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How to actually find lift is now on several sites...

Old 09-23-2011, 10:48 PM
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tobuy3003
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Default How to actually find lift is now on several sites...

In just the last year or so I now see some free info listed on various websites on how to stay up that is actually true. Easily found by using Google and the right search words. I know this info works because Ihave tested it. The info is not a method at all. It is just pure physics. It has to do with wind speed changes and timing your launch.

Its a shame that this info is not listed on the instructions that come with the highstarts that have been sold for so many years. After all, when you buy a highstart what else is it used for besides finding thermals?

Also a light weight glider won't help you when dont know that sink comes in cycles and stays in your area for a while. I see so many people struggle to stay up where Ifly with light weight gliders, but I actually have several lead strips under the wings on one of mine and long flights are easy by timing my launch and or waiting to launch. Bad air abounds.... avoid!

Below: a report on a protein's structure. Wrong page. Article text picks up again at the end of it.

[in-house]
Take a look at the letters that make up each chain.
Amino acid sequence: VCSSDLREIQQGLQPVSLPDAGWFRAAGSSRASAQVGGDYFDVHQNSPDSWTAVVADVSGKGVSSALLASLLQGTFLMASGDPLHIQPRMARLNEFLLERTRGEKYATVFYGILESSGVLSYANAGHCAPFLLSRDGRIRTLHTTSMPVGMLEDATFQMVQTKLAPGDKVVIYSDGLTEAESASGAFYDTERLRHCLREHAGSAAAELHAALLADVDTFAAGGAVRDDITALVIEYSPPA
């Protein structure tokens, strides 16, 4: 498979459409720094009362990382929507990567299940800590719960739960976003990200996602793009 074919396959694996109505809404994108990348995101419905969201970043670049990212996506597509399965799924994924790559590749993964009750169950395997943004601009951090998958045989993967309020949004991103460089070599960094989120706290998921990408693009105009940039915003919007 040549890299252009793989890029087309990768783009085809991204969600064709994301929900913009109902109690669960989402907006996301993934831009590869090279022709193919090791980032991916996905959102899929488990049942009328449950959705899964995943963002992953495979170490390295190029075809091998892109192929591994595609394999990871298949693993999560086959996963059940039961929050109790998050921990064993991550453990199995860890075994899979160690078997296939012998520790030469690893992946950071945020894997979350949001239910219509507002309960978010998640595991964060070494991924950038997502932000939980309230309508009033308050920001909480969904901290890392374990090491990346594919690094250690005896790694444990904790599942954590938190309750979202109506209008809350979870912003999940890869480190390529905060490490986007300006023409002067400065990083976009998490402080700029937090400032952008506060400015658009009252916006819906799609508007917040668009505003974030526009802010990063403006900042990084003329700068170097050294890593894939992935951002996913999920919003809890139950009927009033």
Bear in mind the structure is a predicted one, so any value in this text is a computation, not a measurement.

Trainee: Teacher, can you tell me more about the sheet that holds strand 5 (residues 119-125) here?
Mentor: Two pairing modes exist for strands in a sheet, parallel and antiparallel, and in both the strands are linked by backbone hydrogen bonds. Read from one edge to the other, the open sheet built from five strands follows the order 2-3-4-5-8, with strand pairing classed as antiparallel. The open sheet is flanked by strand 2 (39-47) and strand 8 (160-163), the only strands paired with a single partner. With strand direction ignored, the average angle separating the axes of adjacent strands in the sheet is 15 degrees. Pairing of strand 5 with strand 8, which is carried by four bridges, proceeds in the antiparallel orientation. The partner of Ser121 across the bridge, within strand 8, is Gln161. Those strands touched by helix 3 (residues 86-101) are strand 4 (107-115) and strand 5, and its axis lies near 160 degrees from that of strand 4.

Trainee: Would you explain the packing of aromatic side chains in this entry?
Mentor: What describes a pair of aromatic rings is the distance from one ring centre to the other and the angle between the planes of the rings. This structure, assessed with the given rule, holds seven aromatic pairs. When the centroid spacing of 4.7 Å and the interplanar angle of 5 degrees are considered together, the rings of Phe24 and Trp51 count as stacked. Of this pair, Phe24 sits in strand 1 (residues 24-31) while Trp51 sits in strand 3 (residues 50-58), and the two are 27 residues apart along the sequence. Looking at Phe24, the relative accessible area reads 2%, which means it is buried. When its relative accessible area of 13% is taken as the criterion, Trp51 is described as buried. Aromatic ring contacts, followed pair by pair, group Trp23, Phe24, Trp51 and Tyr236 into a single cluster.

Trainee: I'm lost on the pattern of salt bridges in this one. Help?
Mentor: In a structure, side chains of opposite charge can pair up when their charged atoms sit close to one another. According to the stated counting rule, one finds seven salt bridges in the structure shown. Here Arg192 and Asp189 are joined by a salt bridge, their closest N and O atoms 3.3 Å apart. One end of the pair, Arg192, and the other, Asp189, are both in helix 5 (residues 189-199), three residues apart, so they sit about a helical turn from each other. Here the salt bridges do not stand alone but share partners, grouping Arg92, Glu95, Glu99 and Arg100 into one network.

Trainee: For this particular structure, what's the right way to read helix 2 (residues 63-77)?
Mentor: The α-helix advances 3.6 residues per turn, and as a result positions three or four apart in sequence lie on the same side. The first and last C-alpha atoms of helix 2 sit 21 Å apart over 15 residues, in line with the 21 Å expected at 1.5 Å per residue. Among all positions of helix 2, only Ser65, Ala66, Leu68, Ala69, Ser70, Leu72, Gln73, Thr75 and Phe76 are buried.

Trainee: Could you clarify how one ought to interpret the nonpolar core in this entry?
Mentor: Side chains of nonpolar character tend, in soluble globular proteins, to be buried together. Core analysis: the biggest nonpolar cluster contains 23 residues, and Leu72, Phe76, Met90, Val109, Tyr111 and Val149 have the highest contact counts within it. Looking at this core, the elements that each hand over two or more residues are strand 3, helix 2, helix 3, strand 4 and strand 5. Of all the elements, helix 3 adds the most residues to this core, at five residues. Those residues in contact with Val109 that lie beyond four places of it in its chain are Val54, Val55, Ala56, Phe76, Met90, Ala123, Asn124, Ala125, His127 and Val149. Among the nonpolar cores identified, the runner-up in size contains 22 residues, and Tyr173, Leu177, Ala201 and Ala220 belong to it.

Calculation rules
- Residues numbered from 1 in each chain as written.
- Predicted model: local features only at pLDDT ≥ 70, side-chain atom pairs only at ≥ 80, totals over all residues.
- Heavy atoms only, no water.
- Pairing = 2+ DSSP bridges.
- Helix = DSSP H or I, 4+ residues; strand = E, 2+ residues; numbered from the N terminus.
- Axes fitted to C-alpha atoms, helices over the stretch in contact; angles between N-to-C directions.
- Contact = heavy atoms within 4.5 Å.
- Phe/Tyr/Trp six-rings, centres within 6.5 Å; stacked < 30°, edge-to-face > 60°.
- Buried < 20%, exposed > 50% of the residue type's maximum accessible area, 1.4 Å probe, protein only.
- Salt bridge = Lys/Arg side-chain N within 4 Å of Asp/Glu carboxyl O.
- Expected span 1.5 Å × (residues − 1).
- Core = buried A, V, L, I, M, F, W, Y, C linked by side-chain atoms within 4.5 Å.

Old 09-24-2011, 06:19 AM
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A10FLYR
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Default RE: How to actually find lift is now on several sites...

What? No links?
Old 09-27-2011, 01:38 PM
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da Rock
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Default RE: How to actually find lift is now on several sites...

Fly in a straight line.

If something seems to cause a roll, turn into the roll. The something is lift and it's somewhere to the side that went up.

If the glider suddenly slows, it's just flown straight into it.

Pretty simple, really.

Now that you've found it comes the hard part.
Old 09-28-2011, 10:57 AM
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jetmaven
 
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Default RE: How to actually find lift is now on several sites...

get a vario and hope it sings the song you want to hear
Old 10-03-2011, 09:58 PM
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OzMo
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Default RE: How to actually find lift is now on several sites...